Students and faculty in Central Michigan University's Center for Merchandising and Design Technology have been on diaper duty for the past few months.
Lunaler, a leading producer of high-end maternal and baby products based in Guangzhou, China, enlisted the CMDT to test how well its daytime and nighttime Lelch diapers absorb moisture from a baby's skin. For the testing, students and faculty used Lumi, the center's baby manikin.
The size of a 12-month old child, Lumi is a sweating thermal manikin which features heating elements and temperature sensors that allow research into how a baby reacts to apparel and textile products in a variety of environmental conditions.
"CMU is the first university in the U.S. to have an infant manikin for understanding the thermal comfort of infants and toddlers," said Tanya Domina, professor and chair in Fashion Merchandising and Design. "Our lab features thermal cameras, microclimate sensors and an environmental chamber, making it a good fit to provide real-world results for clothing designers and producers."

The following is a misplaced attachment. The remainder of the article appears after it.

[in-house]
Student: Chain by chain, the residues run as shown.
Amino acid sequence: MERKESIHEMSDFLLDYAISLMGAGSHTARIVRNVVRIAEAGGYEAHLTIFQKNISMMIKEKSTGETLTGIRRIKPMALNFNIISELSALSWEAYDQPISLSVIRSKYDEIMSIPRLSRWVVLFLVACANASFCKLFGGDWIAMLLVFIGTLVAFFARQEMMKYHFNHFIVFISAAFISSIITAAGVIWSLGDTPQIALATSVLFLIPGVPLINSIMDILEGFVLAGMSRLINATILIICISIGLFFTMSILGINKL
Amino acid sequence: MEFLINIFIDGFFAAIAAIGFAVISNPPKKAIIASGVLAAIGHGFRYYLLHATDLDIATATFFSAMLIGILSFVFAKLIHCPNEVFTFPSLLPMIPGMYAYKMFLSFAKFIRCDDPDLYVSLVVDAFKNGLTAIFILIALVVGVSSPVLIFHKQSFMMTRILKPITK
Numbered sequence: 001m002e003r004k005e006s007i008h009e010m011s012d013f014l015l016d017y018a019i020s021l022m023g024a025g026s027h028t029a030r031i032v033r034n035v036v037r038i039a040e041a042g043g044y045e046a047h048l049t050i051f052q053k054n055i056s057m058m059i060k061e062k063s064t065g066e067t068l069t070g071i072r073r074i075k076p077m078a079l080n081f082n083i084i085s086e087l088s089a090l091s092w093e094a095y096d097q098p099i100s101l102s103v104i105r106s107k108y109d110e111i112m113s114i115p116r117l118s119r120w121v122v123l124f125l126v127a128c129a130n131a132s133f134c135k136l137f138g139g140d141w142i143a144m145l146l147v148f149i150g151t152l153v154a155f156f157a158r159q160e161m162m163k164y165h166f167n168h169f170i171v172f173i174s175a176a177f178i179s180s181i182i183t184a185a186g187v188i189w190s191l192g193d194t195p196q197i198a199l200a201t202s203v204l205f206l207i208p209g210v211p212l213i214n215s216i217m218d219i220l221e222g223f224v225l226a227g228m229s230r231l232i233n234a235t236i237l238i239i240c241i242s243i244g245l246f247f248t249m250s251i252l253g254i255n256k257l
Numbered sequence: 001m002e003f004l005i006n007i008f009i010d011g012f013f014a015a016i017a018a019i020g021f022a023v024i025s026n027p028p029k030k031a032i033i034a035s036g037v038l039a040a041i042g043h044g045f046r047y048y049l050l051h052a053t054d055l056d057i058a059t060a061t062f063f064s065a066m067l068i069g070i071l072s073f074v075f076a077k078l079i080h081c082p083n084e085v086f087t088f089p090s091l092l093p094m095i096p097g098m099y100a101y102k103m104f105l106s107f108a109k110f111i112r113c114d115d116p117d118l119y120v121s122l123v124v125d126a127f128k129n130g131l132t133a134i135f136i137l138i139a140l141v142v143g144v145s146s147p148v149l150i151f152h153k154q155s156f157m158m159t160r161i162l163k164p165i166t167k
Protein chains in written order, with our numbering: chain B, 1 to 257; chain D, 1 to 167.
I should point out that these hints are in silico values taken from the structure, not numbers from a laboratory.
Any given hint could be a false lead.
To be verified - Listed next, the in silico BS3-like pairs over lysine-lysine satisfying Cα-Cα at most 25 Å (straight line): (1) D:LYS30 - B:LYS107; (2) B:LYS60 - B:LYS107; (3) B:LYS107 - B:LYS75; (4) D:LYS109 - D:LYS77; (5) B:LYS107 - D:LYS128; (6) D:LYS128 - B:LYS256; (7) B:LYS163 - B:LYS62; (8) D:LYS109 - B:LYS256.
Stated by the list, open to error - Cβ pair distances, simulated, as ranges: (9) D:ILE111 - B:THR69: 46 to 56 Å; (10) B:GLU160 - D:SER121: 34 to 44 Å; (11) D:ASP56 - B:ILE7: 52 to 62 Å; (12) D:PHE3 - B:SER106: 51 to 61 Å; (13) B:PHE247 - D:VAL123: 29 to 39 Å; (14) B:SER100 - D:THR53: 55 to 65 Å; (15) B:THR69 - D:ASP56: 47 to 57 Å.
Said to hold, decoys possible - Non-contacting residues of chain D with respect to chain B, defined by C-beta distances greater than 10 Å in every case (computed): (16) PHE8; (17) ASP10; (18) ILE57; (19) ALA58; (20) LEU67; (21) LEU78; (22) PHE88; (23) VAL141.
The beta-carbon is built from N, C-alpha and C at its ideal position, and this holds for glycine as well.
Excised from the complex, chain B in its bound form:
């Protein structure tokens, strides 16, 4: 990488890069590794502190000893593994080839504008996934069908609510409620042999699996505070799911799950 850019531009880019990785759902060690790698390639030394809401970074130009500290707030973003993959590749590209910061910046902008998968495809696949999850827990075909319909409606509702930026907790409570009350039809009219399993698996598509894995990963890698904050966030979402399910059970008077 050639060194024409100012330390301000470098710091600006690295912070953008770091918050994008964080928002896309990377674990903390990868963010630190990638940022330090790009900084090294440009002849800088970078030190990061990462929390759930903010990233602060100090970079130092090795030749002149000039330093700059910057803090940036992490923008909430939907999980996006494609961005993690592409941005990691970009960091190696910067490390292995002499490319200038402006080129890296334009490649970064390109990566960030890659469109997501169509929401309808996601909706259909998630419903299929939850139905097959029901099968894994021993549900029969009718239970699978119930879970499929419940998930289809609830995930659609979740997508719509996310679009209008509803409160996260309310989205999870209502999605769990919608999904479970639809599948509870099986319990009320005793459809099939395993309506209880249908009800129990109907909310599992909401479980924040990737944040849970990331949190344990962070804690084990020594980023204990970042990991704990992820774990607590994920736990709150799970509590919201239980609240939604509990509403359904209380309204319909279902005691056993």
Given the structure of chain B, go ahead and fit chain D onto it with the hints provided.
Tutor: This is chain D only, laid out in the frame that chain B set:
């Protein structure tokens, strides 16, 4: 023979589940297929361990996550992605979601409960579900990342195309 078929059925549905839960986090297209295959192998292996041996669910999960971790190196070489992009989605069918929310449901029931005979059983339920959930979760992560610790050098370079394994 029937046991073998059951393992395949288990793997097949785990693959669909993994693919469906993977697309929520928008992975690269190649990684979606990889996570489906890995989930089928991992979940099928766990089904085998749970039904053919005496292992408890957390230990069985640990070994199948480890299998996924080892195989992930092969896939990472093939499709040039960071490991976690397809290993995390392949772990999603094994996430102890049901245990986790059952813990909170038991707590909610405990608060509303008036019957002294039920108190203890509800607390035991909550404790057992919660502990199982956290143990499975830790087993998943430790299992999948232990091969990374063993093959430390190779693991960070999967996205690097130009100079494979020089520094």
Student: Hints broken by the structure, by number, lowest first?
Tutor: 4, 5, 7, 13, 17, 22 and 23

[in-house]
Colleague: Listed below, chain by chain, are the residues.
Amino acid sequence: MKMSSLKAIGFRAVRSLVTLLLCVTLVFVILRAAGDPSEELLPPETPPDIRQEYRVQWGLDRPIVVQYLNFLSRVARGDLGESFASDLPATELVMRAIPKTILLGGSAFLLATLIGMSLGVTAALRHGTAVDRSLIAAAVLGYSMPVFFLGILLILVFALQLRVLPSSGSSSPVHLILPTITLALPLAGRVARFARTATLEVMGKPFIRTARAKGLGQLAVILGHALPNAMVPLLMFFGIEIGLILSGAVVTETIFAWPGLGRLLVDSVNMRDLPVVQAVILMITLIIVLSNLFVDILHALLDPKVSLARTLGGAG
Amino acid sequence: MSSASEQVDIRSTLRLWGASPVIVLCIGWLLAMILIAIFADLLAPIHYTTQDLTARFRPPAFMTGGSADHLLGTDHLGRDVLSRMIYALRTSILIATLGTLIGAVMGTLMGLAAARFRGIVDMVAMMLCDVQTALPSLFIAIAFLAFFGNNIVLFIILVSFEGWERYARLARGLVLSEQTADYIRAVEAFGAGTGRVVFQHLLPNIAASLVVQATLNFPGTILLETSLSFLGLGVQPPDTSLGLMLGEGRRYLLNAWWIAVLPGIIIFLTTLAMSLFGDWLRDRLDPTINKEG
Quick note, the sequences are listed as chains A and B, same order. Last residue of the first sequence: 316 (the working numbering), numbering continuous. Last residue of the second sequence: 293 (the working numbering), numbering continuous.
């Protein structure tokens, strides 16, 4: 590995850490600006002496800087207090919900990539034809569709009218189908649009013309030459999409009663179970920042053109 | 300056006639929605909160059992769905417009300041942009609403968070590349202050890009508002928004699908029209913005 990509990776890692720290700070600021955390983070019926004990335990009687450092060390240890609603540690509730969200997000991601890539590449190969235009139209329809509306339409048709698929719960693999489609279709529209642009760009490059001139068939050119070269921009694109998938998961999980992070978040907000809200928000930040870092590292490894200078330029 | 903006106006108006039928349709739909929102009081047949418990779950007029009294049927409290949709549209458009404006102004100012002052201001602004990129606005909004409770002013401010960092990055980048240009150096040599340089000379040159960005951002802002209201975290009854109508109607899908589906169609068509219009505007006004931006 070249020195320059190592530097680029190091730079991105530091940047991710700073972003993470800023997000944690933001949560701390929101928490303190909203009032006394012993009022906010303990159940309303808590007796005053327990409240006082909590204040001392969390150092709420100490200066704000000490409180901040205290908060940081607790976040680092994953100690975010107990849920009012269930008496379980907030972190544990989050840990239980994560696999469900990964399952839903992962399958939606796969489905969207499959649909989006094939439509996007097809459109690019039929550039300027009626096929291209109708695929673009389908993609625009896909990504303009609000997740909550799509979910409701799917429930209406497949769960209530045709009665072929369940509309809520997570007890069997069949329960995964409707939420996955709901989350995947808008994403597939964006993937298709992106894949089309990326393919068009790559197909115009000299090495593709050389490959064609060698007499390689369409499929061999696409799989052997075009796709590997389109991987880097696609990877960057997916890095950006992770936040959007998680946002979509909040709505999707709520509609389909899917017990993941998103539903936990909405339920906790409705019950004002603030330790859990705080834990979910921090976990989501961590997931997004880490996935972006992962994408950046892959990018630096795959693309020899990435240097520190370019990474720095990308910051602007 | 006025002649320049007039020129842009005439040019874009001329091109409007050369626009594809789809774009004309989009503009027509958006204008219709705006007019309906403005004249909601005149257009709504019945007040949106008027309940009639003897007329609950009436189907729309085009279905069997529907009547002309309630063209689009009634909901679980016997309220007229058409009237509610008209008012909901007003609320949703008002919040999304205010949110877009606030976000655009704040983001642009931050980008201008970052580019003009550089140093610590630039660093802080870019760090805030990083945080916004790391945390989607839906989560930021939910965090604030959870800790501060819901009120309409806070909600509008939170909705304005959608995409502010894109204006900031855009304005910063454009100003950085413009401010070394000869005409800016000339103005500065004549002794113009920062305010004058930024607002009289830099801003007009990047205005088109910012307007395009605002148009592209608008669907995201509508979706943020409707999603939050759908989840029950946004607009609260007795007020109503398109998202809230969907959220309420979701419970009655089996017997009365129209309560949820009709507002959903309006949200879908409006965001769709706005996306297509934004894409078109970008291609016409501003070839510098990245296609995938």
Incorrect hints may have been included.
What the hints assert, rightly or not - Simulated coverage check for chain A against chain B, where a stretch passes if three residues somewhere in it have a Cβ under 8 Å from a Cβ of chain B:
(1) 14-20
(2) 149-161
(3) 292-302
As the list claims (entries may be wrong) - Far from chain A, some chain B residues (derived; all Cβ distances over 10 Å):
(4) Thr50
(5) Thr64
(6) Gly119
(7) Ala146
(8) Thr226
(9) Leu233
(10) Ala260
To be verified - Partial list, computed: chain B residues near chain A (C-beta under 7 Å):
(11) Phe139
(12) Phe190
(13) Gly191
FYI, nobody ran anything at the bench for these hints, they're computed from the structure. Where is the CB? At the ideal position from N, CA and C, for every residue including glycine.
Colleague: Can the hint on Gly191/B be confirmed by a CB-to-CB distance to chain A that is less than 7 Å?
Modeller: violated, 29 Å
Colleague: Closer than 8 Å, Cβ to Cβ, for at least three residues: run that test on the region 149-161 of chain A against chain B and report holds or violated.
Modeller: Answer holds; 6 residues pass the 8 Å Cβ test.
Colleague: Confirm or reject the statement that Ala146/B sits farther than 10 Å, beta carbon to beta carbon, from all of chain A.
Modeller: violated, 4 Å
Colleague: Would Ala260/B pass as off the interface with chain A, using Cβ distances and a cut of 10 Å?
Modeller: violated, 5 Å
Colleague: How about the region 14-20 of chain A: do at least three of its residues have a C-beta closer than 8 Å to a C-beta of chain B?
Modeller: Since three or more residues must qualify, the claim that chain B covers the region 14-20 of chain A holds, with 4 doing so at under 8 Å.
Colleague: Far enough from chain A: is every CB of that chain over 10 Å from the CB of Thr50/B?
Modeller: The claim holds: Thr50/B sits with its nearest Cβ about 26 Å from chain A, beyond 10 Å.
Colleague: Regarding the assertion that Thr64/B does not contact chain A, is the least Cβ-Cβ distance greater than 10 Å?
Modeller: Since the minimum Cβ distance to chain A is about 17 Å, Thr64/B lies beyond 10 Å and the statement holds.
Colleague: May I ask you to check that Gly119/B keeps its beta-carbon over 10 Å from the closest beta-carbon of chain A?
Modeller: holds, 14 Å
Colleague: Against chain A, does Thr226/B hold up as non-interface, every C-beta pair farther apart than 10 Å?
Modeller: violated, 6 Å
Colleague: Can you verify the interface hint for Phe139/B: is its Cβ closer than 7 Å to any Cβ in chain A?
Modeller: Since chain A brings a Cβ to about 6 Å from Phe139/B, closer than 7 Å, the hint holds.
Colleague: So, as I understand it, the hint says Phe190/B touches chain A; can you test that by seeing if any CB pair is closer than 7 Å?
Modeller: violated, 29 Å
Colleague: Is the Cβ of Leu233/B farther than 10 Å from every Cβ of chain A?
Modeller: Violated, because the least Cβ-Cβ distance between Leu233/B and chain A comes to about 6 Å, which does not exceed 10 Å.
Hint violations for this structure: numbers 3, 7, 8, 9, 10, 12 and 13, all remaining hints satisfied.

The study simulated and evaluated the temperature and humidity between the baby's skin and diaper during the day and night, as demands on diapers are different depending on the time of day. The CMU team placed microclimate sensors inside diapers worn by the baby manikin. Controlled amounts of liquid were introduced through an IV dispenser as internal humidity and temperature were measured using high precision sensors and infrared thermal technology. Tests were conducted with the baby manikin wearing only the diaper, as well as the diaper and clothing.
Lumi in the lab. The cables are for collecting data from the manikin's many temperature and moisture sensors.
"One significant thing we found was that even when the diaper was dry, it would pull moisture from the environment," said Leslee Weible, senior electrical engineering major and fashion design minor from Falls Creek, Pennsylvania, who worked on the research project. "So no matter what, the diaper would keep the baby drier than it was before."
Josh Golden, a senior fashion merchandising and design major from Holt, Michigan, who helped with thermal imaging, said the science behind clothing came alive through the research.
"Having an opportunity to learn about how much of a difference one small garment, no matter how thin or thick, can make in body temperature isn't something people think about," he said. "There's so much science and data that goes into clothing."
CMDT students and faculty have worked with numerous merchandise design and production companies, including Carhartt and Cotton Inc., American Textile Company, Cintas and Empowerment Plan to test the thermal comfort of their products.